If you have investments in a 401k or with a financial adviser, do you know what you own? Do you know why you own it? Do you know how your investments are doing? Compared to what? What are you paying for the privilege?
For most of us the answer is no to all of those questions, but there is a cost for not knowing. Depending on decisions you made in the dark, it could be many thousands of dollars. Let's go about the business of stopping that bleeding.
You know if you have investments that those questions do nag at you from time to time. The larger frustration is doing something about it. You could spend years learning financial planning if you were of a mind to. You aren't.
More troubling, you don't know where to turn, and in fact you don't know what you don't know.
The "My Checklist System for Investors" is the answer. This five-point checklist will guide you through. More importantly, you will be protecting yourself from 90 percent of what you might inadvertently do to yourself -- or what others might deliberately do to you. This is especially important if you have only been in your employer's retirement plan for years. You may have been "educated" but you haven't been truly prepared for what awaits you.
Do you realize you buy investment services unlike anything else in your life? You shop for a house, a car, an HD TV and buy only after researching and learning about the marketplace. You work to get the best possible deal. Incredibly, you do nothing of the kind with your investments. You find an investment adviser you can trust and go with him or her. Considering your hard earned savings make up the singularly most important part of your financial life, you are asking for trouble allowing someone else to tell you whether you are getting a good deal. Here we "flip the script." We give you the ability to know for certain what's going on in your accounts. It might be good, it might not. Using "My Checklist System for Investors" you will know.
Briefly let me tell you how this all came about. One of the most important lessons learned while covering business over the last 19 years for WDIV-TV is entrepreneurs have a common and enviable way of thinking. They fill consumer needs with unique and inventive approaches.
In trying to duplicate that, I set about the long and difficult process of becoming the first ever working journalist in nation to attain the Certified Financial Planner Professional™ designation.
I believe I hit the unique part by combining financial bona fides to professional communication. Solving the inventive part proved more elusive. After writing enough financial education to wallpaper Michigan, it became obvious few people have the time or the inclination to learn finance. Yes, the language is thick and arcane, but it runs much deeper than that. Most Americans don't even budget. People spend more time planning summer vacations. Squaring that circle kept me up late at night for years.
The investment consumer is not well served by not knowing much and the investment industry is happy to have customers who don't ask many questions. America's financial regulations are written with the mistaken assumption that when an investor goes into a relationship with an adviser both parties know what they are doing.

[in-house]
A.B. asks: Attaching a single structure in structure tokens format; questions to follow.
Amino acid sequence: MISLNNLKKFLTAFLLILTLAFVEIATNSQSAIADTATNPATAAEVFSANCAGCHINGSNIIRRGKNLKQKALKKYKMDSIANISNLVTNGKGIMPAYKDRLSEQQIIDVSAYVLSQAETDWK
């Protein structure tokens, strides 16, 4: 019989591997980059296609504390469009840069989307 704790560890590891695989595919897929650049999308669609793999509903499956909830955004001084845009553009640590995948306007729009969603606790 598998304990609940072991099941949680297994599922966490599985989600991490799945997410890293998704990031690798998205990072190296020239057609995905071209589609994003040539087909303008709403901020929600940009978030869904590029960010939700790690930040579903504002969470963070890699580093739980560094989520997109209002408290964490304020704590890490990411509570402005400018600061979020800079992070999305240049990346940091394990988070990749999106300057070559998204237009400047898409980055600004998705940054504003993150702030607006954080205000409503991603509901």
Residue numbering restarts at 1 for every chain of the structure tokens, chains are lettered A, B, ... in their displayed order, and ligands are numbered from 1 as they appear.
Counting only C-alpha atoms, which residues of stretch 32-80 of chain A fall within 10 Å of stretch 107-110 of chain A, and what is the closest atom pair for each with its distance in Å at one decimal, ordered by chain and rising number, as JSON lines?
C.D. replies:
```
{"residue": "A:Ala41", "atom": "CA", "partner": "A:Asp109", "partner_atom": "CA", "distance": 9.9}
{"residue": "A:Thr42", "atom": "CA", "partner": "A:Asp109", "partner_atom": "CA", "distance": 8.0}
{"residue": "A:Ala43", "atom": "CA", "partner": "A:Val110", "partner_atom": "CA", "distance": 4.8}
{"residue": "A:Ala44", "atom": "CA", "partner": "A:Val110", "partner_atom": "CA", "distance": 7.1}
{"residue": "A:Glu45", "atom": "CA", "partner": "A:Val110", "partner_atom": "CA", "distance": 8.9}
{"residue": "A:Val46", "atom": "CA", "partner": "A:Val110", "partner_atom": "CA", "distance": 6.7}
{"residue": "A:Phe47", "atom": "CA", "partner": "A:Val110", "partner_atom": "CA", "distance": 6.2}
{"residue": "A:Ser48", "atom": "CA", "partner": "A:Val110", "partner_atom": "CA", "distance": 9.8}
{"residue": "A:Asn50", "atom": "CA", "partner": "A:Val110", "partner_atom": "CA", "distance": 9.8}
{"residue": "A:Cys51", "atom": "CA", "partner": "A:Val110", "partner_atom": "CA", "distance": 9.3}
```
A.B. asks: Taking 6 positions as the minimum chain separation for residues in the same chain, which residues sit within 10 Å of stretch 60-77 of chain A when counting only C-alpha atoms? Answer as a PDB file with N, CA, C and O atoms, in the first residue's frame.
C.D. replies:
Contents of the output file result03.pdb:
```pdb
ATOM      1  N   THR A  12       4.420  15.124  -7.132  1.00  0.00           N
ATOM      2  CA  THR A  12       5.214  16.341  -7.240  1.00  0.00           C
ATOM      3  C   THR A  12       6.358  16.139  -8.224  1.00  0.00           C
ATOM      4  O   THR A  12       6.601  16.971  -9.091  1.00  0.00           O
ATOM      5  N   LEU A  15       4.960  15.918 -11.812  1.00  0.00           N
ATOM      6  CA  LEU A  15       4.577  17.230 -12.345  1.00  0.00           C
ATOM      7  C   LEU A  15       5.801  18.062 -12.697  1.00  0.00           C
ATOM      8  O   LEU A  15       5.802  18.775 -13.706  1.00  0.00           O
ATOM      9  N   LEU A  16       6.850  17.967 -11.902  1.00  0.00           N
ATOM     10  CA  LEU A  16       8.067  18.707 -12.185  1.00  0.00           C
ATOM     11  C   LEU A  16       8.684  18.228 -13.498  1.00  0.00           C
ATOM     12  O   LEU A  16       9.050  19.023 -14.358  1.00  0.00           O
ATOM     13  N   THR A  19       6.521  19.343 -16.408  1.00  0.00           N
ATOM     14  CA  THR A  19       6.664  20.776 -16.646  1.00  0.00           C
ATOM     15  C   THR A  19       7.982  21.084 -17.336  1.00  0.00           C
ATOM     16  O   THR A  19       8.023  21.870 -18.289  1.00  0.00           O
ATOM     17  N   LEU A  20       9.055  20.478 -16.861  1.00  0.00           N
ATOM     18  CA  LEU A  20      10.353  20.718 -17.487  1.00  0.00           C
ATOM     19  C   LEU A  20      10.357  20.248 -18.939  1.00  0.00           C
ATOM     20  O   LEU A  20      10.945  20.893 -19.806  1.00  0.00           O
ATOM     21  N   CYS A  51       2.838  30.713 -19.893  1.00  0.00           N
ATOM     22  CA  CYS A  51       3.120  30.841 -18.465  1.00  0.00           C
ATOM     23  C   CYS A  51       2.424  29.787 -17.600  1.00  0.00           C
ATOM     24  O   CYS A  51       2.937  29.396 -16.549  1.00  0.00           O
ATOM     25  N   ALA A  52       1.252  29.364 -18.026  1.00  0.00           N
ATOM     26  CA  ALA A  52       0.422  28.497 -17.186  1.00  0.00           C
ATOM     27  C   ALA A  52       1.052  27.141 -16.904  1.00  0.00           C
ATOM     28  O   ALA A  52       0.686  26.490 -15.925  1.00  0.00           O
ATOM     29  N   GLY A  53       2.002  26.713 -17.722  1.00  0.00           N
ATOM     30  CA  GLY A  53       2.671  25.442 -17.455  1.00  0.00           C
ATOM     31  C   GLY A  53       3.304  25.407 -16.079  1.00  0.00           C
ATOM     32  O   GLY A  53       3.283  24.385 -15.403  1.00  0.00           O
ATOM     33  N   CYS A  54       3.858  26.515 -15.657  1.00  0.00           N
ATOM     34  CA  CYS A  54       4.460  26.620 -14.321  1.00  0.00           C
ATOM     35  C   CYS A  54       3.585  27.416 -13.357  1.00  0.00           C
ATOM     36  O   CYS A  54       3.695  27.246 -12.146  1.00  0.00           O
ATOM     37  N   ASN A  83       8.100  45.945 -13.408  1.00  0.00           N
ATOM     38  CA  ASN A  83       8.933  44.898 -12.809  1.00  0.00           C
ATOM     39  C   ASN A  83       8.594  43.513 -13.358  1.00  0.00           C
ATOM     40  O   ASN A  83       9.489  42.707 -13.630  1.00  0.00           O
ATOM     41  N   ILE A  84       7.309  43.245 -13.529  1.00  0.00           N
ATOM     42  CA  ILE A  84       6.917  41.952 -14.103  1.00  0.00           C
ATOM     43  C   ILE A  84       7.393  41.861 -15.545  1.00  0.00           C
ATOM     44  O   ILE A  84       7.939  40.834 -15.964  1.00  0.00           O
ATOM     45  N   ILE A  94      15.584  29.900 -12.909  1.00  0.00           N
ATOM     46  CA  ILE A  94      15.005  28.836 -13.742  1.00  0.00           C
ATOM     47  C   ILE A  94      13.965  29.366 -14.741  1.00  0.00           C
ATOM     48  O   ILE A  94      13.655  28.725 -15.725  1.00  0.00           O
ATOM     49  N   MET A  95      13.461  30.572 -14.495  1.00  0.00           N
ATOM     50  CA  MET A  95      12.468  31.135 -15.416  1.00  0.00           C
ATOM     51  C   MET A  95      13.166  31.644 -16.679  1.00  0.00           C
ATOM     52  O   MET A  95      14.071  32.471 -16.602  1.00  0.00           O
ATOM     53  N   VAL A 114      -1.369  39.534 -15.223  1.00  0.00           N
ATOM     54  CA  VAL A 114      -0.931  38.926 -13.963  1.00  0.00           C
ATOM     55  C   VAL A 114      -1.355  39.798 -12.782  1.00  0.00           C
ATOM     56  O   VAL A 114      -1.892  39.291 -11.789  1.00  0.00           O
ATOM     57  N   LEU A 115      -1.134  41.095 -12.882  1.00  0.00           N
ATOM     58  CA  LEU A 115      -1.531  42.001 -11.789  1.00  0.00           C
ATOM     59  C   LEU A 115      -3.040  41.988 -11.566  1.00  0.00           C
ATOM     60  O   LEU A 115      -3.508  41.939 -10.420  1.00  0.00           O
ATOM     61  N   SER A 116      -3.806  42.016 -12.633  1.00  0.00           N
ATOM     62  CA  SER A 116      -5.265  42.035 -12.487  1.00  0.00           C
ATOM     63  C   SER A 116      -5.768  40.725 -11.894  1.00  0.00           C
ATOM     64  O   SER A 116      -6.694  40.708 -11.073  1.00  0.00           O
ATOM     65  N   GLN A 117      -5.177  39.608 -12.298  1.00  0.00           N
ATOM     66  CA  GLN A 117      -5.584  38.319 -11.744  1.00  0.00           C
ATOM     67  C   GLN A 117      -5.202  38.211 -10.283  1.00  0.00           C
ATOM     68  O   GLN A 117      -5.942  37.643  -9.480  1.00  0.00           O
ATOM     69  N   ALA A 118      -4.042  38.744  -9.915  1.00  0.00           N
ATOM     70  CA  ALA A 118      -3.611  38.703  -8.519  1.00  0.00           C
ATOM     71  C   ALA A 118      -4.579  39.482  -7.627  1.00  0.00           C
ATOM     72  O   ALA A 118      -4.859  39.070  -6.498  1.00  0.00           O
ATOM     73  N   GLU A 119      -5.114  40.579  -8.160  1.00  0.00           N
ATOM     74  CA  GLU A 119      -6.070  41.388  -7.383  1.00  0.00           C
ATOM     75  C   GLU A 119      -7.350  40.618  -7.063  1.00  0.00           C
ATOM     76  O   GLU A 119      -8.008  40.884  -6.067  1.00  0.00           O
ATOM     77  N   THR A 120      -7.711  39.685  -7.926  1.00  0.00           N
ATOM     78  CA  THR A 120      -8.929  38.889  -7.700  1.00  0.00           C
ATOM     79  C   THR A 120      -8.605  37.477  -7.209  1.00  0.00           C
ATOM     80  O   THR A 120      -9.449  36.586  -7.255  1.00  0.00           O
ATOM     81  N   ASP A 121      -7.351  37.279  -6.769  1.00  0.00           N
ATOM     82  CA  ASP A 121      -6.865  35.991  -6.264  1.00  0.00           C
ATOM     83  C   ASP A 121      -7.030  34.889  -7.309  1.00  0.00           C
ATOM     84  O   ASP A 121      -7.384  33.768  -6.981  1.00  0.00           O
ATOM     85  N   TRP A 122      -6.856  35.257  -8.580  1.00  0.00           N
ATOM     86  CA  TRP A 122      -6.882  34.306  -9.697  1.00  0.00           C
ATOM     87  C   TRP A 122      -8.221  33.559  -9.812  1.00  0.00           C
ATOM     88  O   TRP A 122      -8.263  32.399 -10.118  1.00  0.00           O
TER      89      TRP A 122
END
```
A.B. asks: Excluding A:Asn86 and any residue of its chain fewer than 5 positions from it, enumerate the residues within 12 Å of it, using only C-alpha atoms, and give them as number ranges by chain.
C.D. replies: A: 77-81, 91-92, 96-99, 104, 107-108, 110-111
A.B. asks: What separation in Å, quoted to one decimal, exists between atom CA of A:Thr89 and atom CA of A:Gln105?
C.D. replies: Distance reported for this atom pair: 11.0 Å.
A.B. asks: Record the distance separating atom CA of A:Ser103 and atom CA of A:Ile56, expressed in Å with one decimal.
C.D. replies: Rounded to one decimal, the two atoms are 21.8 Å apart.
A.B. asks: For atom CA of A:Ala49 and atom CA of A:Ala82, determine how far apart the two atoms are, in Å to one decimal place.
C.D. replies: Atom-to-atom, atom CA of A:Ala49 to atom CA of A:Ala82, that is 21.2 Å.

With so many baby boomers retiring every day, the consumer need is strong for some kind of help. There had to be a way to make the process simple enough to be understandable and effective.
Along the way I found a friend, a former stock broker, who had been conducting financial education seminars all across Michigan. He too worried about the wide gulf between what people need to know about investing and what they actually did. He too struggled with watching people make needless and costly mistakes. We discussed it at length and realized we needed to come at it from another angle.
My friend, and now business partner, had the "eureka" moment. Instead of teaching financial planning, we needed to put a program in the investor's hands that was in effect, a one stop shop.
The system had to give step-by-step guidance on exactly what to do and look out for; a system providing the questions to ask and help evaluating the answers. We knew not to require learning a lot of financial gobbledygook.
We did dozens of iterations and settled on the five point checklist that provided one more important service: show you exactly how to understand whether your relationship with an investment adviser is a good one.
This should change the investment game from the ground up. We had professionals look at our program. They told us it is bold, unique, and has the potential to start a bit of a revolution.
Then came this: a recent Bloomberg article shows what happens to investor accounts when employees leave their company and look to rollover their 401Ks into IRAs. $300 billion was moved last year alone and many investors fared quite poorly in that exchange.
The article put a more recent spin on what we knew has been going on for many years. Preventing this kind of wreckage was our overarching concern from the beginning. We hope 401K plan participants suggest their employers to include "My Checklist System for Investors" as part of their retirement package information as a protective shield as they send retirees on their way.
We have put heart and soul into this project. As we set out to change the investment world one informed investor at a time, I was reminded of the words of one of my heroes who recently passed away. The late Zig Ziglar would say, "You can get everything you want in life if you help enough other people get what they want."
That is our guiding philosophy. We hope you like, and more than that, use "My Checklist System for Investors."
Your nest egg will be all the better for it.
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